Build processes to delegate - Freelance Web Designer and Strategist John D. Saunders
This episode is kindly supported by With Jack! _With Jack help keep you in business by supporting you financially or legally if you have problems with a client._ Get _the freelance insurance you deserve._ _Visit and be a confident freelancer._ John’s first client was his mum, a teacher in need of a website so she could offer one-to-one tutoring. Today, after spending four years learning the ropes in an agency, John’s running his own agency as well as three other businesses and online courses. John worked 18-hour days while he was a full-time employee building his freelance portfolio on the side. Six years later and with everything he’s got going on, John’s enjoying a comfortable working week with plenty of time left over for his young family. He’s learned to trust his team and step away from the creative work to focus on managing projects and operations. He tells Steve how he’s built standard processes in his business that allow him to delegate easily and well. Love learning from other freelancers like this? Check out the website, be part of the Being Freelance Community! You'll also find useful links for this episode. That's Like VIDEO? - Check out the Being Freelance vlog - Who the hell is Steve Folland? You know how everyone bangs on about how powerful video and audio content can be? Yeah, well Steve helps businesses make it and make the most of it. Find out more at Track him down on Twitter @sfolland or lay a trail of cake and he'll eventually catch you up.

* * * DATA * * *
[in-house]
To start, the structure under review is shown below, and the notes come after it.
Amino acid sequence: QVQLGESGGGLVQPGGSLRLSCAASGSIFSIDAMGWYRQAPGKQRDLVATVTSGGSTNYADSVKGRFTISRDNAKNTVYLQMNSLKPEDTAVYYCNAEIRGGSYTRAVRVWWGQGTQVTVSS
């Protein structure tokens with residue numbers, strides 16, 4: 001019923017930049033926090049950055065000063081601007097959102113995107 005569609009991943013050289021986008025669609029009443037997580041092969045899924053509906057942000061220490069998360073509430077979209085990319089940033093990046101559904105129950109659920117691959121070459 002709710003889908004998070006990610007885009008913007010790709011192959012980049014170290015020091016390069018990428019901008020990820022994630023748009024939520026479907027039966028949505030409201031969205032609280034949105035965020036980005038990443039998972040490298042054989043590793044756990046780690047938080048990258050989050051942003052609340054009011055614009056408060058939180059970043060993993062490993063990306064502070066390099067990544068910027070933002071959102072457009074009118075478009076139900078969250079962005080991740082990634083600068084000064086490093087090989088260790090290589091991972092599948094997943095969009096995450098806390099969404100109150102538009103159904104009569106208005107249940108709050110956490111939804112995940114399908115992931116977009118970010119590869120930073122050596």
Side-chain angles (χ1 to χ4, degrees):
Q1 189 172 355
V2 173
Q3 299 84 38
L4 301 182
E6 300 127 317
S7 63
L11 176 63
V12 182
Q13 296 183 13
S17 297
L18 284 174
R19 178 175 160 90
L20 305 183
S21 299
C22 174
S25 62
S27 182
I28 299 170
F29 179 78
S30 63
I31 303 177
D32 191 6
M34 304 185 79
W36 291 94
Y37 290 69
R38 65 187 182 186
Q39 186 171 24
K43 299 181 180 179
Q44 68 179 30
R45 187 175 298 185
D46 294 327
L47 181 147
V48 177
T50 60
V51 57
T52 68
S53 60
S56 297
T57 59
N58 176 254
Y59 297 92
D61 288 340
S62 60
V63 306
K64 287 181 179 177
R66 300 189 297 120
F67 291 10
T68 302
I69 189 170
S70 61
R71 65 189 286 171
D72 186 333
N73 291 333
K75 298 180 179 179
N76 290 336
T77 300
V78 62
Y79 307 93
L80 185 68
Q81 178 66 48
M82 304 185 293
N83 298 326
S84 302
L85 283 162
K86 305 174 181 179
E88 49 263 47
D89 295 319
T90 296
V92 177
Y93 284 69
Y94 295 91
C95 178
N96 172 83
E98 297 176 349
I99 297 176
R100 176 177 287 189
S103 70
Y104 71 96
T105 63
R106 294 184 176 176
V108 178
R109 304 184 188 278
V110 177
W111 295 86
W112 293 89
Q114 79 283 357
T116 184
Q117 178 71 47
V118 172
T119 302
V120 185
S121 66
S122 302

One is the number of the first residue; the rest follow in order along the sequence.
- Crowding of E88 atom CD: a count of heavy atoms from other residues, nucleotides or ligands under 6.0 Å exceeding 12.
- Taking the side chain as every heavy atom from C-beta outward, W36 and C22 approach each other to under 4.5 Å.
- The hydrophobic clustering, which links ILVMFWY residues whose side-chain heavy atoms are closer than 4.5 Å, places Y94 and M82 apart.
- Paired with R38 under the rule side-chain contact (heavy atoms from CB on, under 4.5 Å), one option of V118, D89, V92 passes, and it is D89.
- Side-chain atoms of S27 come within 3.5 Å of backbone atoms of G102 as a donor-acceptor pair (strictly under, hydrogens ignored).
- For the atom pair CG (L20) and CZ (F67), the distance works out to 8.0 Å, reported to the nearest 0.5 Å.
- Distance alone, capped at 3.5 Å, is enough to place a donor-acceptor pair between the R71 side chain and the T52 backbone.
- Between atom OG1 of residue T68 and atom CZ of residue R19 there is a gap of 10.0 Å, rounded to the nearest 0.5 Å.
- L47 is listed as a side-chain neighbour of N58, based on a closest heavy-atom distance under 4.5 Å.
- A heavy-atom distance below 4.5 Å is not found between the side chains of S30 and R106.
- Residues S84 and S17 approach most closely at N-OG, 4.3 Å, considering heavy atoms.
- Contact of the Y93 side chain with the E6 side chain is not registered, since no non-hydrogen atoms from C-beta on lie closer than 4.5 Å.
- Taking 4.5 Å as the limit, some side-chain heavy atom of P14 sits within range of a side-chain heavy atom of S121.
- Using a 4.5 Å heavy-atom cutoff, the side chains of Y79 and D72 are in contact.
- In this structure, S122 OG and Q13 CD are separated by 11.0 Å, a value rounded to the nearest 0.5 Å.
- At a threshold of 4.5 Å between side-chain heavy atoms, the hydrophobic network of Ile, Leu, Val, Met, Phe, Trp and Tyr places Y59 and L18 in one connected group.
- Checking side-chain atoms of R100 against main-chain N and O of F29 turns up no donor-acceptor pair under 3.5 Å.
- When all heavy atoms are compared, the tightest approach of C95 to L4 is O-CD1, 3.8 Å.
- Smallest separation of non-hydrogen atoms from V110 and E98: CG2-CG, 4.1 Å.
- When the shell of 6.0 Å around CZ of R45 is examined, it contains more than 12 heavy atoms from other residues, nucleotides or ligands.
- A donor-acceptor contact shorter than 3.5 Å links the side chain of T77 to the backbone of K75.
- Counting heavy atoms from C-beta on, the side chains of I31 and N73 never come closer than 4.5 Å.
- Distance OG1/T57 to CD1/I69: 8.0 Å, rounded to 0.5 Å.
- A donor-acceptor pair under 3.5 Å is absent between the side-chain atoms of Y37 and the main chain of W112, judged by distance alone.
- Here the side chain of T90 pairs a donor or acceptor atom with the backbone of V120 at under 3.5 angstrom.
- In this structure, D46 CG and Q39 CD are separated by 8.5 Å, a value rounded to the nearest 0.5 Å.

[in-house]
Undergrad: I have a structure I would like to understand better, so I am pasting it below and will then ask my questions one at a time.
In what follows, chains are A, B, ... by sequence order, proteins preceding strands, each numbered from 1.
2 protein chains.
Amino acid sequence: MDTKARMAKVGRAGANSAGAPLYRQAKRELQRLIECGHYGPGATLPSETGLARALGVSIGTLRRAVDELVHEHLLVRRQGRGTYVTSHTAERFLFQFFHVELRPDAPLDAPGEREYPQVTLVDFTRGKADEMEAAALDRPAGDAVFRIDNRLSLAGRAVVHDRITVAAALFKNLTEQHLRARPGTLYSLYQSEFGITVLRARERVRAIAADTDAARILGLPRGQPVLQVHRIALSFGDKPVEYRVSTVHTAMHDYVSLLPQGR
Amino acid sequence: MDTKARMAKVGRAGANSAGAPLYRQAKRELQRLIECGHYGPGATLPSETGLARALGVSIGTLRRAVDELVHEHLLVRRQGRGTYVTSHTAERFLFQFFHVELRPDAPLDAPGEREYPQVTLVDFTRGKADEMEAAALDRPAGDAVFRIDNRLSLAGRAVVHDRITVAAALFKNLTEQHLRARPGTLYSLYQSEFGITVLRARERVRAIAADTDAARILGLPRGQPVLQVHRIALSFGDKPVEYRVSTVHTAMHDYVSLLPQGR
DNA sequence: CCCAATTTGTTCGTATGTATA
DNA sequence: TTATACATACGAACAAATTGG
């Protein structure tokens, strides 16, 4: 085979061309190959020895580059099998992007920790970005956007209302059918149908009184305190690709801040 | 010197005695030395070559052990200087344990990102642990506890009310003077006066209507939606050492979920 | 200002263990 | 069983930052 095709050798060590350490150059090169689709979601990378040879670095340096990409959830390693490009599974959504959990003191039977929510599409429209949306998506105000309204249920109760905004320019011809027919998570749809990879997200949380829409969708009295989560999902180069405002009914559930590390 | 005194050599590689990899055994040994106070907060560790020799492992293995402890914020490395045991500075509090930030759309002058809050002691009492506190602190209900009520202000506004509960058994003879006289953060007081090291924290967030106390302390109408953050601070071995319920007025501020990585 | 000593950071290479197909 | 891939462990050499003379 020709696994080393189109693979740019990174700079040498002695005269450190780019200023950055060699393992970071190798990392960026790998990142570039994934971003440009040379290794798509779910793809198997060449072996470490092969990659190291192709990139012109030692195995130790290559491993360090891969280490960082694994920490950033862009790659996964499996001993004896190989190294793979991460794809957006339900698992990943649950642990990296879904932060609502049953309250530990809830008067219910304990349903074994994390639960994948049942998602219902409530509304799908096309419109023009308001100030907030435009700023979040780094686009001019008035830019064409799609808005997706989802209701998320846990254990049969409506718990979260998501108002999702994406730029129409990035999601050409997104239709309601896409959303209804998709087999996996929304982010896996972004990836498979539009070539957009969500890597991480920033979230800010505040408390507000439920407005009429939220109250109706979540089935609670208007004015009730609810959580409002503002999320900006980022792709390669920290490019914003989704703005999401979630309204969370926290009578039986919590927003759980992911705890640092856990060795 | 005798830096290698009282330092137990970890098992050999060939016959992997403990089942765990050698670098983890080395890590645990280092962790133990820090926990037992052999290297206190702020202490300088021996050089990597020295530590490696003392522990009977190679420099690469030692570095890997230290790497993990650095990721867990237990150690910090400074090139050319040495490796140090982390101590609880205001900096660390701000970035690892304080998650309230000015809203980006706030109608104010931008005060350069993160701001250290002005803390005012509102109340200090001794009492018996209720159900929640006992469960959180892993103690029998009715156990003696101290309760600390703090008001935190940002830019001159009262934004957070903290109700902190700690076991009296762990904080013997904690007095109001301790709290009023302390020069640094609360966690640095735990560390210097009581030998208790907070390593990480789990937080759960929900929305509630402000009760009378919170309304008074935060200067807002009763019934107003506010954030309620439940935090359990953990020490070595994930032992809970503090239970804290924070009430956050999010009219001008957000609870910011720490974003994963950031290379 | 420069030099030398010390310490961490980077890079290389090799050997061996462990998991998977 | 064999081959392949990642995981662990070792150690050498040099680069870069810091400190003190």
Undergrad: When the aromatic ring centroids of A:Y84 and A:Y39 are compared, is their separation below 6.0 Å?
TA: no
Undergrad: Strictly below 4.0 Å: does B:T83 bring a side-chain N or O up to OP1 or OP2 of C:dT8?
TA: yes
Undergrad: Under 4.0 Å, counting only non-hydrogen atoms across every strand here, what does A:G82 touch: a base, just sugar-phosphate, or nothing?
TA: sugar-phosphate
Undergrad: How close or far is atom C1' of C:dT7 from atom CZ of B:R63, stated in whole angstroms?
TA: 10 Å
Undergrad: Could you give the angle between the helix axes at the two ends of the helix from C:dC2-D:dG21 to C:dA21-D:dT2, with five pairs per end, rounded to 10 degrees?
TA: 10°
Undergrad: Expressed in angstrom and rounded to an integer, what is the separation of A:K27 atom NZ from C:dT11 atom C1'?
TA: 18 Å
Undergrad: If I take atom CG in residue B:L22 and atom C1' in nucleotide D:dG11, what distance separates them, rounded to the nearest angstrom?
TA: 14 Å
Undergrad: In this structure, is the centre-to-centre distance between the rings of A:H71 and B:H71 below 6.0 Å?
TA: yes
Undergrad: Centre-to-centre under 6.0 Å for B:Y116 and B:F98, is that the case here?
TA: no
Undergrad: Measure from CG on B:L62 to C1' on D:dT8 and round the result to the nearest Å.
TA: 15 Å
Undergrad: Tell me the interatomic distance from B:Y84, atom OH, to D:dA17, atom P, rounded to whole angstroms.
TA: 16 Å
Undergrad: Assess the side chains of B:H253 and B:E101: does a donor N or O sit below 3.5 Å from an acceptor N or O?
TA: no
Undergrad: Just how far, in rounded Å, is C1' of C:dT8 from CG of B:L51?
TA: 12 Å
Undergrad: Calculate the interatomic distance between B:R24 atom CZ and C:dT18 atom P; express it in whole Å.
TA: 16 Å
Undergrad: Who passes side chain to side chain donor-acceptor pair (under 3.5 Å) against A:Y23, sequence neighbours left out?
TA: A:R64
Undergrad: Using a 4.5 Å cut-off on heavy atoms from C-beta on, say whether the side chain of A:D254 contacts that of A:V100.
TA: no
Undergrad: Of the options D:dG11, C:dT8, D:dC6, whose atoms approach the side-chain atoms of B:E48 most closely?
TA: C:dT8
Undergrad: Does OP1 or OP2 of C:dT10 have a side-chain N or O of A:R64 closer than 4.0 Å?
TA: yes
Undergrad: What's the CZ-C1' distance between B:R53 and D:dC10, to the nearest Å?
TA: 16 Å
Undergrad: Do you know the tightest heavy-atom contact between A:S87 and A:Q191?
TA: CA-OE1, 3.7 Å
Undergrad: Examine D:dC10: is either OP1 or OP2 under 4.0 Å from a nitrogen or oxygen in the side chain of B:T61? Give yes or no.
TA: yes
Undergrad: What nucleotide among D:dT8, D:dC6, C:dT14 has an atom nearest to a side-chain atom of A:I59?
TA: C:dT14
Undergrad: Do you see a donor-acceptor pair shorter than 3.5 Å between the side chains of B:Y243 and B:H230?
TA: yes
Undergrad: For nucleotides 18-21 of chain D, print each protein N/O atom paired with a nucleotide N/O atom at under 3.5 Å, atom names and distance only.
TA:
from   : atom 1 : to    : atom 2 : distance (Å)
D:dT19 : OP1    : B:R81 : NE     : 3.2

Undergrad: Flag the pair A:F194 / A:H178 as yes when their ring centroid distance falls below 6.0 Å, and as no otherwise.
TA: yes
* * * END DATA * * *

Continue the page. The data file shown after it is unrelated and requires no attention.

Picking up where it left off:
41 min
Design Better Podcast
Design Better Podcast
InVisionApp, Inc
Logitech's Jason Mayden: Leading with curiosity and humility